Jointed legs allow a quadrupedal machine to shape-shift for optimal energy use.
An adaptable robot will be the envy of anyone who has struggled to reach a too-high shelf or to get comfortable in a cramped aeroplane. The machine, developed by Tønnes Nygaard of the University of Oslo and his colleagues, can autonomously extend and contract its limbs in response to its environment.
The researchers first trained this shape-shifting quadruped in the laboratory by having it walk over patches of concrete, sand and gravel. These exercises allowed the team to model how the energy the robot needed to walk was affected by the terrain and by changes in the length of the robot’s ‘leg bones’. When the robot was ultimately turned loose outside on a mix of grass and concrete, it used this model to improve its efficiency by changing its leg length on the fly.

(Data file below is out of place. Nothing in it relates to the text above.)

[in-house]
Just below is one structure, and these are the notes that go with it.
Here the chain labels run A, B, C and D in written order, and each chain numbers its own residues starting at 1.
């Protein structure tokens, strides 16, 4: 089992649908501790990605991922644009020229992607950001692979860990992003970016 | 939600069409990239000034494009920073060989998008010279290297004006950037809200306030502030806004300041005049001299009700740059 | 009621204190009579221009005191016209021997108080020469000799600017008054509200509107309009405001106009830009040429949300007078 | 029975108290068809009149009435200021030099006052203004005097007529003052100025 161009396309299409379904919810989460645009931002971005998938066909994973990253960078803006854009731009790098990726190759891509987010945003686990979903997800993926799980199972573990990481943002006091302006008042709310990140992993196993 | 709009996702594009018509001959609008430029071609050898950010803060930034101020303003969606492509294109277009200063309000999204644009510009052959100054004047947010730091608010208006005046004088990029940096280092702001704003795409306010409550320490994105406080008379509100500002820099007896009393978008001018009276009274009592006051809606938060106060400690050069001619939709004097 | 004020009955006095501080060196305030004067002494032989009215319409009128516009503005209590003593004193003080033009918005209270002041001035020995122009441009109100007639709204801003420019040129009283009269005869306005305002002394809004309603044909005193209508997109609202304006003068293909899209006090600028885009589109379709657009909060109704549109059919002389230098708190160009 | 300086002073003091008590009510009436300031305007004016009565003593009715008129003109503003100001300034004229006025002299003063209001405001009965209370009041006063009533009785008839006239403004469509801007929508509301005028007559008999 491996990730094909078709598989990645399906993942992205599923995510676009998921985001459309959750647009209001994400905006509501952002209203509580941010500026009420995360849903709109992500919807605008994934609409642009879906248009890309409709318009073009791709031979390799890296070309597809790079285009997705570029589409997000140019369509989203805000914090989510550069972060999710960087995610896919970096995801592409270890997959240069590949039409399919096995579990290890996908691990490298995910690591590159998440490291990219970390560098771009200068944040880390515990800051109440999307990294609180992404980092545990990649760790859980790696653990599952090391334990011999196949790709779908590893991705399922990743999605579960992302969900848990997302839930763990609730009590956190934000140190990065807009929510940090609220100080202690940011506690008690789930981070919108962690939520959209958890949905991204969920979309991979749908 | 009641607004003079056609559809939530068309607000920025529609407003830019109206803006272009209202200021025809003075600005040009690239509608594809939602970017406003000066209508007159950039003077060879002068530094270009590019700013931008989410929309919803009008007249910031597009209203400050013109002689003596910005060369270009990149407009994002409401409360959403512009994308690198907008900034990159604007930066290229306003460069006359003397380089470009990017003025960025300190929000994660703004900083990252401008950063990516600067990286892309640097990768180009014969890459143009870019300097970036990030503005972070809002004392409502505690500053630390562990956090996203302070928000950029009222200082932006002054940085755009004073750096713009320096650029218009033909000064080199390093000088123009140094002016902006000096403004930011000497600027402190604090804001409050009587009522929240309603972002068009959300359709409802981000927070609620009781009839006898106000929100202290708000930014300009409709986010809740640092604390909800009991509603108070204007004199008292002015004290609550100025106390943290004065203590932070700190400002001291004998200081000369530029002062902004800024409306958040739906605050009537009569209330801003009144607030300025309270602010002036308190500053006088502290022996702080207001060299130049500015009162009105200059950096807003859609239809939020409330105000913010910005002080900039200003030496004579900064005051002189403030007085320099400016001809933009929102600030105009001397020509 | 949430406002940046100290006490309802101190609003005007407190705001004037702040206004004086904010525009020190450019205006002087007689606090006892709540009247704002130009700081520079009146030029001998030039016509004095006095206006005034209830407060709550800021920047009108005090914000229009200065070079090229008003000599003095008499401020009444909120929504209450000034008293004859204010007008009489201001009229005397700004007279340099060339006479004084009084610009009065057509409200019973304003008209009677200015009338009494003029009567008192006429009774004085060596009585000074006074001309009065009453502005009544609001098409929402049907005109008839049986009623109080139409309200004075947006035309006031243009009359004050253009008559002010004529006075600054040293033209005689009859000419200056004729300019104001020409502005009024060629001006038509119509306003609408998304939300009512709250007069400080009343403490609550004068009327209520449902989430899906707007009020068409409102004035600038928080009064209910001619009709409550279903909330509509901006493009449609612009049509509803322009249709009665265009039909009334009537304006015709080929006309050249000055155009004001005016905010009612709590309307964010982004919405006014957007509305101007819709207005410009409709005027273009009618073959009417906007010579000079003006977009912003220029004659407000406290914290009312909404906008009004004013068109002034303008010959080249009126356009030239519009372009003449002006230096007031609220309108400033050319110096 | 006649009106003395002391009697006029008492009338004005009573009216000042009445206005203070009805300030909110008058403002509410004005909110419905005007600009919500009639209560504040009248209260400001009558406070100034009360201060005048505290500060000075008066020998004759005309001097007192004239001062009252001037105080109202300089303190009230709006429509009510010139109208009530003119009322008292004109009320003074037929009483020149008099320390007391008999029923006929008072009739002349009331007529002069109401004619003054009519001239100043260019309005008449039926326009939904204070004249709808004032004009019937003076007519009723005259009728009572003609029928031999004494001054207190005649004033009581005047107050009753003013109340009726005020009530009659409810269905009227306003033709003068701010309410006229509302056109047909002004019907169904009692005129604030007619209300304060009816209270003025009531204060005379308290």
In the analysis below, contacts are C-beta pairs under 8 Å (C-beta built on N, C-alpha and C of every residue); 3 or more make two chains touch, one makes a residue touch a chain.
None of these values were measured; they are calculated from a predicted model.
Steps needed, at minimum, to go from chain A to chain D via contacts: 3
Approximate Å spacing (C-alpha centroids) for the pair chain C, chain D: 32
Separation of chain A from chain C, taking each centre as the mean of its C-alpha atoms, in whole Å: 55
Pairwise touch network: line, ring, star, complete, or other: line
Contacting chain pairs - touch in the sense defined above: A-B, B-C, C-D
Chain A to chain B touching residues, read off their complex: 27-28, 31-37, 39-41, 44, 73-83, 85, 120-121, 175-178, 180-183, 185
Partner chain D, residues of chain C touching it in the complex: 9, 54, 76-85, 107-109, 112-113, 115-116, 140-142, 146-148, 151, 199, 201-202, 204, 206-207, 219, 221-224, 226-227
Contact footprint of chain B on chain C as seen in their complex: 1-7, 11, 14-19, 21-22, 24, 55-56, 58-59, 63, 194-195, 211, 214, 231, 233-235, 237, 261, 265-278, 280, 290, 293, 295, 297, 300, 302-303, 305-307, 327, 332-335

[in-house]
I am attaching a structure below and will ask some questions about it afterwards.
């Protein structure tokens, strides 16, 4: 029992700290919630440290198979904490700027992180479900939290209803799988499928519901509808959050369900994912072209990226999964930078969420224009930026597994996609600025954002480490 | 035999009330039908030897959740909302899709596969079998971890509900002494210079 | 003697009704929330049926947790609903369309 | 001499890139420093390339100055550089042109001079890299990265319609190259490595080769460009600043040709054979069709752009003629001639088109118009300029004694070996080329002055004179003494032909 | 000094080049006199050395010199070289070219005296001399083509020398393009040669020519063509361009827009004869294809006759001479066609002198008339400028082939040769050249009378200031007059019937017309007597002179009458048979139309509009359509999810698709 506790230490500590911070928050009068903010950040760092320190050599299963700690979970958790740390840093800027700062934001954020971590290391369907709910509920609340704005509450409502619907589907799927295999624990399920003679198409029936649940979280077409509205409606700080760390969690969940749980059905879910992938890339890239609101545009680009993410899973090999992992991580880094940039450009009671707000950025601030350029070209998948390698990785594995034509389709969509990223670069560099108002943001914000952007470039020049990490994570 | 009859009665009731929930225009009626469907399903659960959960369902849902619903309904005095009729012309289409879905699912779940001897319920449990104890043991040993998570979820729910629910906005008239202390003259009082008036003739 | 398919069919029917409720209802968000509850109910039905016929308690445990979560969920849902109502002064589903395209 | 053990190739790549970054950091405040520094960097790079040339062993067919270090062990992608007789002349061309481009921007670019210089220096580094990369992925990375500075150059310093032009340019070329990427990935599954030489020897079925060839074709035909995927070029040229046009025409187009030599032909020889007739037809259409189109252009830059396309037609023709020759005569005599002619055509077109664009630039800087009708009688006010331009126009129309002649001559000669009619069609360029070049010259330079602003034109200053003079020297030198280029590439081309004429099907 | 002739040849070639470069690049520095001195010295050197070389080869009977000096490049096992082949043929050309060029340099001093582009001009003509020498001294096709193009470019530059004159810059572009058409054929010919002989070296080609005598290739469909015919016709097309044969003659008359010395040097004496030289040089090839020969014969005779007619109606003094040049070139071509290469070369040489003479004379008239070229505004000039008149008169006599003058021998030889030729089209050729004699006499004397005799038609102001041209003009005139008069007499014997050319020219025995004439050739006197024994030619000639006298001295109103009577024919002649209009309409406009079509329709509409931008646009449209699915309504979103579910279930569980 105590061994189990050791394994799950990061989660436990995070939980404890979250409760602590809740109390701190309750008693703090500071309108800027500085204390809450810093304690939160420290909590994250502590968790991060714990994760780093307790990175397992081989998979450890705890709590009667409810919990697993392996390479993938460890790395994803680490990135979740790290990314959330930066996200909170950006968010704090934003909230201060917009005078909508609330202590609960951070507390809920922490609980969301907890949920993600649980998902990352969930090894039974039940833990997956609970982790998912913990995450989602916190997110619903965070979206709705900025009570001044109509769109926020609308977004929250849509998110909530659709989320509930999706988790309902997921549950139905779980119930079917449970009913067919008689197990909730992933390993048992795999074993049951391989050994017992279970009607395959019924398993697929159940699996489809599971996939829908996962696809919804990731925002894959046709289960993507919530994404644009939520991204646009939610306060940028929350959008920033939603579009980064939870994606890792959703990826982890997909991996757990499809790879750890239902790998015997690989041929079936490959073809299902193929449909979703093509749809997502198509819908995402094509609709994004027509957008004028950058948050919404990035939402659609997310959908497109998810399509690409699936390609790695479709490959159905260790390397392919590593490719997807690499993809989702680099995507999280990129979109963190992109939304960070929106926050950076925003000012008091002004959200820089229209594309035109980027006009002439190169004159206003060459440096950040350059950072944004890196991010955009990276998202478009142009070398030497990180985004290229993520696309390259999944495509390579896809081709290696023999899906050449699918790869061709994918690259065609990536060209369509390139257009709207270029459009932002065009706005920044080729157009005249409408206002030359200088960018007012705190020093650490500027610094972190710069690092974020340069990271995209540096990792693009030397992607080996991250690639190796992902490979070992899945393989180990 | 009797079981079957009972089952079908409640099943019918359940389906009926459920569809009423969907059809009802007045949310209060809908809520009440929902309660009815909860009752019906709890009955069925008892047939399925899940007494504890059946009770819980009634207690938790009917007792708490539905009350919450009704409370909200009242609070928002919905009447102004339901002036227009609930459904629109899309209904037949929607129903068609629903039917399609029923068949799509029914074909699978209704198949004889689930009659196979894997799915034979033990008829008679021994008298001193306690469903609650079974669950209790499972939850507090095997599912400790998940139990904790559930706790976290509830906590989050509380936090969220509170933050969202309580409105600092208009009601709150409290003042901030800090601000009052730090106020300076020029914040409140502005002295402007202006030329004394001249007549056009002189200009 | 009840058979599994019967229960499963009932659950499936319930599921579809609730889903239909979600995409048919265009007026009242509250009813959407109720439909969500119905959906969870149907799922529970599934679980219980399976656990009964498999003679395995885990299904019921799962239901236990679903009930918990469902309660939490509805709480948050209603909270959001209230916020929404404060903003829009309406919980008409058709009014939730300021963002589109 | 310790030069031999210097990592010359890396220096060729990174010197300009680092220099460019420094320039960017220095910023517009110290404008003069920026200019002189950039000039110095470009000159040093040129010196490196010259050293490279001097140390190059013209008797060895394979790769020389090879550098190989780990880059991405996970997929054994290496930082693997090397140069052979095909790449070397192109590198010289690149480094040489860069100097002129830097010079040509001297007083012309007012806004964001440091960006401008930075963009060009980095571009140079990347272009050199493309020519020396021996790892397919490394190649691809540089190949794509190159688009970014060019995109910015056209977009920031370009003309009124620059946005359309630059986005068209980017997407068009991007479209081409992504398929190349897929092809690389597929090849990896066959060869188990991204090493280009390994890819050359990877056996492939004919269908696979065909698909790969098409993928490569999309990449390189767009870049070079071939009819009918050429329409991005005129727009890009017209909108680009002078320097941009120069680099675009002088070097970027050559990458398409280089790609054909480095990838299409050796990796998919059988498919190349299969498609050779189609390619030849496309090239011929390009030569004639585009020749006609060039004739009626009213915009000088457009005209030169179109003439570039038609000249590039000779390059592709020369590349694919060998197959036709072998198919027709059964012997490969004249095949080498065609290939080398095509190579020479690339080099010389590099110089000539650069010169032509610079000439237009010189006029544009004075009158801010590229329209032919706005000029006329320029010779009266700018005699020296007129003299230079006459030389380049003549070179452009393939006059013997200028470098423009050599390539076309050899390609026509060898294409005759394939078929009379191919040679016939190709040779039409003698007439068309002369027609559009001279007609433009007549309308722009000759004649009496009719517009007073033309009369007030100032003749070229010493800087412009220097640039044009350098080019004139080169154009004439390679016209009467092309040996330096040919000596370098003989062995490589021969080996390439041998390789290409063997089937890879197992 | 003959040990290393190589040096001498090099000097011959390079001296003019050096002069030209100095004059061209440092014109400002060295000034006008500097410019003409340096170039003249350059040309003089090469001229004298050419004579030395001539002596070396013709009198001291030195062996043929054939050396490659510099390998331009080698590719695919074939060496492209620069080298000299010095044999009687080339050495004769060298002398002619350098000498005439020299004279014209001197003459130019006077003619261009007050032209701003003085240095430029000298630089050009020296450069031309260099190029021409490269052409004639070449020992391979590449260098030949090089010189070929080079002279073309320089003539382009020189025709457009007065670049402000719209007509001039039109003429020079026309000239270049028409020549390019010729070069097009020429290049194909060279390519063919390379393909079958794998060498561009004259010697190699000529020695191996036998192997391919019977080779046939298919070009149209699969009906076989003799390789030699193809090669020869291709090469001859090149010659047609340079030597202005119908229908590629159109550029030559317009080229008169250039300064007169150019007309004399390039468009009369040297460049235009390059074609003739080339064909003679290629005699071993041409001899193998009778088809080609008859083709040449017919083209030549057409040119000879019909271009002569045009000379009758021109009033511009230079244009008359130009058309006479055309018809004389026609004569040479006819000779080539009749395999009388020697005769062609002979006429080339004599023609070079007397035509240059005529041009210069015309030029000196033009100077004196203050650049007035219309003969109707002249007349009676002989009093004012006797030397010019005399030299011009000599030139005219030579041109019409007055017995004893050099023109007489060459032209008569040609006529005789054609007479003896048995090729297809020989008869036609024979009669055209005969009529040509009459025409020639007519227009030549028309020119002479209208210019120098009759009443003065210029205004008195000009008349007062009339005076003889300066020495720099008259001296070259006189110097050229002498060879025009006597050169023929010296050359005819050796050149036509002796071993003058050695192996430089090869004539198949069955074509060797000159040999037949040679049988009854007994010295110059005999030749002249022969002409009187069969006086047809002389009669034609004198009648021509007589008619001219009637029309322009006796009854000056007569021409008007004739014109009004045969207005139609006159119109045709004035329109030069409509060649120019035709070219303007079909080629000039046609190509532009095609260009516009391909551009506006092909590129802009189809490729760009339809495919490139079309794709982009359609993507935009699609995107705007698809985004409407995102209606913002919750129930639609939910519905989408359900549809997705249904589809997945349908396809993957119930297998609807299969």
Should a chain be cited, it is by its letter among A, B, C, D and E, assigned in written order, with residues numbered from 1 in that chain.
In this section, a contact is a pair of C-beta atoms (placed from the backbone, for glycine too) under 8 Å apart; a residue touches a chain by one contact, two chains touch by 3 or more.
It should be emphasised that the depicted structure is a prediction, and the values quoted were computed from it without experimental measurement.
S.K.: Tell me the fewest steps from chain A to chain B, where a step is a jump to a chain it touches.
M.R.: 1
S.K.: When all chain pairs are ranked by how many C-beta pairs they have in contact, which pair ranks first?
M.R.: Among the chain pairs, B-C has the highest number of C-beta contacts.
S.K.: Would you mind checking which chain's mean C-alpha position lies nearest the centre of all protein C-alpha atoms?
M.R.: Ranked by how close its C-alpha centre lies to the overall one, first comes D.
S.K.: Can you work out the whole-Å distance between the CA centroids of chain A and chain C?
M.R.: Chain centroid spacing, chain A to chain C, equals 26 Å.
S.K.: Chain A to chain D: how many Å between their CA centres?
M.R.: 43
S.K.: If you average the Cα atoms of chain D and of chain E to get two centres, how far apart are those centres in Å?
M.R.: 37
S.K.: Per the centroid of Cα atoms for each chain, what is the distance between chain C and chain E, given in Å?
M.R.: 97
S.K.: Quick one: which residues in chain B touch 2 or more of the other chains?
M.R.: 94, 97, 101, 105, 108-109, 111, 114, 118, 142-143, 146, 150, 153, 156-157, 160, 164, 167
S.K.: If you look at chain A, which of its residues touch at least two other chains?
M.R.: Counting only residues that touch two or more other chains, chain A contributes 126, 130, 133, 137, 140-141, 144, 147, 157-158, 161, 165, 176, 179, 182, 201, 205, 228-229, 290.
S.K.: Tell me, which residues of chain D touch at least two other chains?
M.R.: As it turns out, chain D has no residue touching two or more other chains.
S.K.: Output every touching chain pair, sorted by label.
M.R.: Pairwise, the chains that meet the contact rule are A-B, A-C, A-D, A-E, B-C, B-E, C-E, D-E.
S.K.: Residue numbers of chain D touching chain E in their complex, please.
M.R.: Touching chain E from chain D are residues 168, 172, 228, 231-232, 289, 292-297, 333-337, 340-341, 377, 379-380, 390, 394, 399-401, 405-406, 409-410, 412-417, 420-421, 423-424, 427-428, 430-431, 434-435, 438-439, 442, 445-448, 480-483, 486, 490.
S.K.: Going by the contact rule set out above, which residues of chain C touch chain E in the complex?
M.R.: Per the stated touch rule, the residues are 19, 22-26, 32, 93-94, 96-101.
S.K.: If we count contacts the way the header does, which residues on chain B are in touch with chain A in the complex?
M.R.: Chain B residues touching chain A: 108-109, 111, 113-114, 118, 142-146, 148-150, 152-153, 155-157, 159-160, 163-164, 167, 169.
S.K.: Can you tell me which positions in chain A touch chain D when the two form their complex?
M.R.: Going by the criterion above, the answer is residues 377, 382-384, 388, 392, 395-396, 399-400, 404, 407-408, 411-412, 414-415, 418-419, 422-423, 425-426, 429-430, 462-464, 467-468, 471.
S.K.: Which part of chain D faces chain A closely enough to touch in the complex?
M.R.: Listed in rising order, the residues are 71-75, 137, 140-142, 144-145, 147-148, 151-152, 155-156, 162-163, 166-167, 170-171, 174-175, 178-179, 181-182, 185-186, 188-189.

Other demonstrations of morphing robots have relied in part on simulation. But this research was done entirely on hardware, meaning it is “guaranteed to work in reality”, the group says, and could further the development of adaptable robots capable of performing useful tasks.